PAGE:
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Miami Fashion Designer Offers Classic Clothes With Feminist Ideology

The fashion industry is pretty sexist — but perhaps not in the way you're thinking. Compared to most other trades, women do rule the industry. Many top designers, fashion magazine editors in chief, and influencers are women who create, show, and sell clothing to other women. But the business of fashion can still be problematic. Ultimately, it depends on sales — and that means convincing women to spend more and more on the way they look.

Meanwhile, men’s fashion never really seems to go out of style (unless, of course, you’re designing for Ed Hardy or Von Dutch — sorry, Christian Audigier). Comparatively, men’s fashion hasn’t really changed all that much in recent years. A polo shirt from 1995 (with imperceptible alterations) is still being made and worn today.

But one local designer is working to equalize fashion between the sexes. With the launch of her new clothing line, JAEST (pronounced “jast”; the e is silent), Erika Hanna is offering versatile pieces at an affordable cost. Her “elevated basics” aim to mix and match with all other pieces in your closet, creating 35+ new outfits. Currently, there are seven individual pieces (12 if you count the different colors for some styles). And the best part: They're designed to be modern classics that'll still be in style next season.

“For years, it’s been easier for men to get dressed than it is for women," Hanna says. "I’ve been shopping for basics at the men’s sections since I can remember, because they have things women are missing for everyday life — styles we can just throw on to take on our day.
“I’m trying to solve the ‘why don’t I have anything to wear?’ problem that most girls face when they look in their closets,” Hanna continues, on the run to her first pop-up shop at Miami Beach’s Broken Shaker. “And where better to start in than Miami? The city’s blowing up as a new hot spot in fashion, and I want to be part of the revolution.”

The 22-year-old Miami native started her venture in fashion at the age of 6, when she’d accompany her great-grandmother to the textile factory in Hialeah to choose materials for her next Halloween costume.

“I’d join Abuela at the factories at age 6, and I sewed for the first time at the age of 10. I knew fashion would always be my thing,” said Hanna. “It’s a part of me; it’s always been naturally in my subconscious.”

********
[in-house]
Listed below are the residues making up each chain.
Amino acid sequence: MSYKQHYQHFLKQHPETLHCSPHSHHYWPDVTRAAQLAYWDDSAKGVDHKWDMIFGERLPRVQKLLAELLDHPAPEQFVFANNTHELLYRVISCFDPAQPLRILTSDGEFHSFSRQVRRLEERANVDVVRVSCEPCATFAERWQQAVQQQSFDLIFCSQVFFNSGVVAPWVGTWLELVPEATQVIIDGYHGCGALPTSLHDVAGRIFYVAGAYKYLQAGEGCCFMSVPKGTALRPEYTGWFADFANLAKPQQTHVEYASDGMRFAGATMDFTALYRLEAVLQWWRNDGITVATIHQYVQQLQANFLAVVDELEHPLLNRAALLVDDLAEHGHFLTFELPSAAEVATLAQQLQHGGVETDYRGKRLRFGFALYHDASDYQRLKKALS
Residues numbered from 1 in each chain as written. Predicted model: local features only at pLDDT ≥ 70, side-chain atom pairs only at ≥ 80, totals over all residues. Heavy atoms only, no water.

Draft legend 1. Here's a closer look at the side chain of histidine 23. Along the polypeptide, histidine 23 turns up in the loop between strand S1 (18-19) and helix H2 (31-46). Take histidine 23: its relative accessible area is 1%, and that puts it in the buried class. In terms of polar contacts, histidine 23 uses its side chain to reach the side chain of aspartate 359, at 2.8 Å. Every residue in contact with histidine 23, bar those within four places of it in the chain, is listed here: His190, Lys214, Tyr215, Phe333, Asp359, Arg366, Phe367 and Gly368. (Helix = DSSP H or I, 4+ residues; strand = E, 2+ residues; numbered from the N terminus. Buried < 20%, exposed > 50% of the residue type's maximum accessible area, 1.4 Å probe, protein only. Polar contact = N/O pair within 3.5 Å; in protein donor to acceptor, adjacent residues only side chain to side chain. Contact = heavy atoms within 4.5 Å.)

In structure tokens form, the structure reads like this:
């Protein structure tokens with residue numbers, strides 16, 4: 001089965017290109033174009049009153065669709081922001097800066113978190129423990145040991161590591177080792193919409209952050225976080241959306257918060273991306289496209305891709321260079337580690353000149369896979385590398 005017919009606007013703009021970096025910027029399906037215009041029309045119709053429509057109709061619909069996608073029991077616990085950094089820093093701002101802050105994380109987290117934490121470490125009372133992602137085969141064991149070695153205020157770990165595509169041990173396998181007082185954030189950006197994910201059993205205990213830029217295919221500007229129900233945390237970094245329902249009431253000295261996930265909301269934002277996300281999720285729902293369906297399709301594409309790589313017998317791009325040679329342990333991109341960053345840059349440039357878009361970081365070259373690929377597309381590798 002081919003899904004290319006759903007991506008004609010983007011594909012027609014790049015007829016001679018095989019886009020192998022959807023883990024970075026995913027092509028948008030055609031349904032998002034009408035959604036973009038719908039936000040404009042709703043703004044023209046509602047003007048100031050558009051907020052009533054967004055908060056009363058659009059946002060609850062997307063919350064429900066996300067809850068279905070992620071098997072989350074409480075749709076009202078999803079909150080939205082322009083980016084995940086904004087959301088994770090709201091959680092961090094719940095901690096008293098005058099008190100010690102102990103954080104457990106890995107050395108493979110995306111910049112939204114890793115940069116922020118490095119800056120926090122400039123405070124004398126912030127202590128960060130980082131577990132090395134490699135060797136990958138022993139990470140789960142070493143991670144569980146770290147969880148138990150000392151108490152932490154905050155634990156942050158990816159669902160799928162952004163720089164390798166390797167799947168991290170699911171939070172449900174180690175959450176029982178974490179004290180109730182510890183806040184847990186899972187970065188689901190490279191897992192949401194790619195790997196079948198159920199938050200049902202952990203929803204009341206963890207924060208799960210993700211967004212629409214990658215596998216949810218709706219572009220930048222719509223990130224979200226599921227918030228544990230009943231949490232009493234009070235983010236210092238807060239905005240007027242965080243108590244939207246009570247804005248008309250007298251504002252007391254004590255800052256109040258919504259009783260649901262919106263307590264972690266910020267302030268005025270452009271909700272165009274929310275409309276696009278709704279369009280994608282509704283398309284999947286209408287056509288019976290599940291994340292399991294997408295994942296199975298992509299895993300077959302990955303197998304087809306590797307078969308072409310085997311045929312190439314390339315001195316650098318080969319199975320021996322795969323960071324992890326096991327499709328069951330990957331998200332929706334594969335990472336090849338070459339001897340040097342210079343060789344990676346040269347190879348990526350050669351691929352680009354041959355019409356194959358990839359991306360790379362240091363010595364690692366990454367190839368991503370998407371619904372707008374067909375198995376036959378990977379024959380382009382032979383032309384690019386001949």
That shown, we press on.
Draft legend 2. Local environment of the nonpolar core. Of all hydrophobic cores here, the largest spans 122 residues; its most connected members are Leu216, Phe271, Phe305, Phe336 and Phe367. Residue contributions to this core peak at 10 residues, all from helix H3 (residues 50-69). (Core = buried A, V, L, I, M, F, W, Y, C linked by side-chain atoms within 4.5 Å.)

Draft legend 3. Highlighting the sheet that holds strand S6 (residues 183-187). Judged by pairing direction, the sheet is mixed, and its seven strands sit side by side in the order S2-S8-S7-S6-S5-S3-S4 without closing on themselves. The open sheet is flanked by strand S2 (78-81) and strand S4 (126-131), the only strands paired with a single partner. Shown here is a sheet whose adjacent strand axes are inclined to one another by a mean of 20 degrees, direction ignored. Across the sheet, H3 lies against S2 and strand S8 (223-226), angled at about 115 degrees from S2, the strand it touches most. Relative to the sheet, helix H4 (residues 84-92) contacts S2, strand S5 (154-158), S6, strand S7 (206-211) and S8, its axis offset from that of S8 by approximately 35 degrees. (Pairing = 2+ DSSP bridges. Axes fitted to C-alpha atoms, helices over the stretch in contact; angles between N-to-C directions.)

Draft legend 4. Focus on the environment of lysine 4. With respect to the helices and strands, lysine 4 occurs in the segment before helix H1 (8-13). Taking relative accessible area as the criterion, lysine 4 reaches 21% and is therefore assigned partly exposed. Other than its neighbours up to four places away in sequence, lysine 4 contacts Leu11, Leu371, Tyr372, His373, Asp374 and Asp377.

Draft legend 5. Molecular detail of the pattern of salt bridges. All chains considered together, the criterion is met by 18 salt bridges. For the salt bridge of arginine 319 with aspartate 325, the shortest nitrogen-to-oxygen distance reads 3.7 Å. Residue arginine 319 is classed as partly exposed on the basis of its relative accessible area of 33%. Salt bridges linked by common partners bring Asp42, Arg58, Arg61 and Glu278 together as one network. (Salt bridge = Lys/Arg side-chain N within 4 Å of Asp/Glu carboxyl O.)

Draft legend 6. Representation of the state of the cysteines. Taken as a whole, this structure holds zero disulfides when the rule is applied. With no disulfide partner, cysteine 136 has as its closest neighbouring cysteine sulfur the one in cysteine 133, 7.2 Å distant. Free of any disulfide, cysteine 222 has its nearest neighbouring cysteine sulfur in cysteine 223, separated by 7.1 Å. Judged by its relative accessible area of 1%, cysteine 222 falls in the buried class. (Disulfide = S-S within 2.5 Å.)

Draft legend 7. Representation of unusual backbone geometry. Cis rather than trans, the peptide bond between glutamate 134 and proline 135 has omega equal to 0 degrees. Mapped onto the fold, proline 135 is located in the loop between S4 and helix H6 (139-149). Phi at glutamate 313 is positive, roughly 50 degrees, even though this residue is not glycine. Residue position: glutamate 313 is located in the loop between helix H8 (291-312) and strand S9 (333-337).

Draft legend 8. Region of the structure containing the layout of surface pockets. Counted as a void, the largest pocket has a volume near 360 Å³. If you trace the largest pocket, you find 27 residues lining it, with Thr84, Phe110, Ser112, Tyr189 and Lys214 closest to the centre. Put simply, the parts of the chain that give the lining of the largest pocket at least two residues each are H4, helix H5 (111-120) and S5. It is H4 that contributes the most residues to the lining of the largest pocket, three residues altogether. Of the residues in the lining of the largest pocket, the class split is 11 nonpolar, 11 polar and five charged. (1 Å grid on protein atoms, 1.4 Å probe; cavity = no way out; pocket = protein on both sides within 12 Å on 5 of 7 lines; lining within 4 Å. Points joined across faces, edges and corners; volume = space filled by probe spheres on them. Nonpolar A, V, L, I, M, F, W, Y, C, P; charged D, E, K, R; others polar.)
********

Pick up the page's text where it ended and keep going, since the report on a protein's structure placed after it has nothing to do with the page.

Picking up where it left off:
Hanna’s first taste of entrepreneurship started in high school, though, where she sold her homemade bows. She spent her free time sewing them and sold them for $4 to $6, depending on the size.

“I’d be sewing all weekend long, and by the time I’d show up Monday morning, they’d all be sold out. Sewing is extremely time-consuming, so I’d only make around 25 at a time — and they’d instantly sell out. Needless to say, that soon stopped. I couldn’t keep up,” she laughed.
Now, Hanna is up-and-coming, along with Miami’s fashion culture. The designer has already been featured in major national fashion publications and is collaborating with local fashion bloggers like Iron N Salt.

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But here’s the best part — she’s humble and she cares. The line is all Miami-made and skips the cost of the middleman, bridging the gap between designer fashion and fast fashion. This is how Hanna is able to keep her prices low while using top-of-the-line materials that are meant to last years, like vegan leather and rich silks.

“We searched all around South Florida for the right manufacturer and finally ended up with one in Hialeah. We loved the spirit and enthusiasm of the workers here — most importantly because they’re happy where they work. Witnessing this was extremely important to my decision to work with this manufacturer,” says Hanna.

When asked where she sees JAEST going, petite Hanna has big dreams: She wants JAEST to become a globally recognized brand. Hopefully we'll see Hannah achieve that goal, because in the words of Karl Lagerfeld, “One is never overdressed or underdressed with a Little Black Dress.”

You can pre-order JAEST through Hanna's Kickstarter campaign today. 

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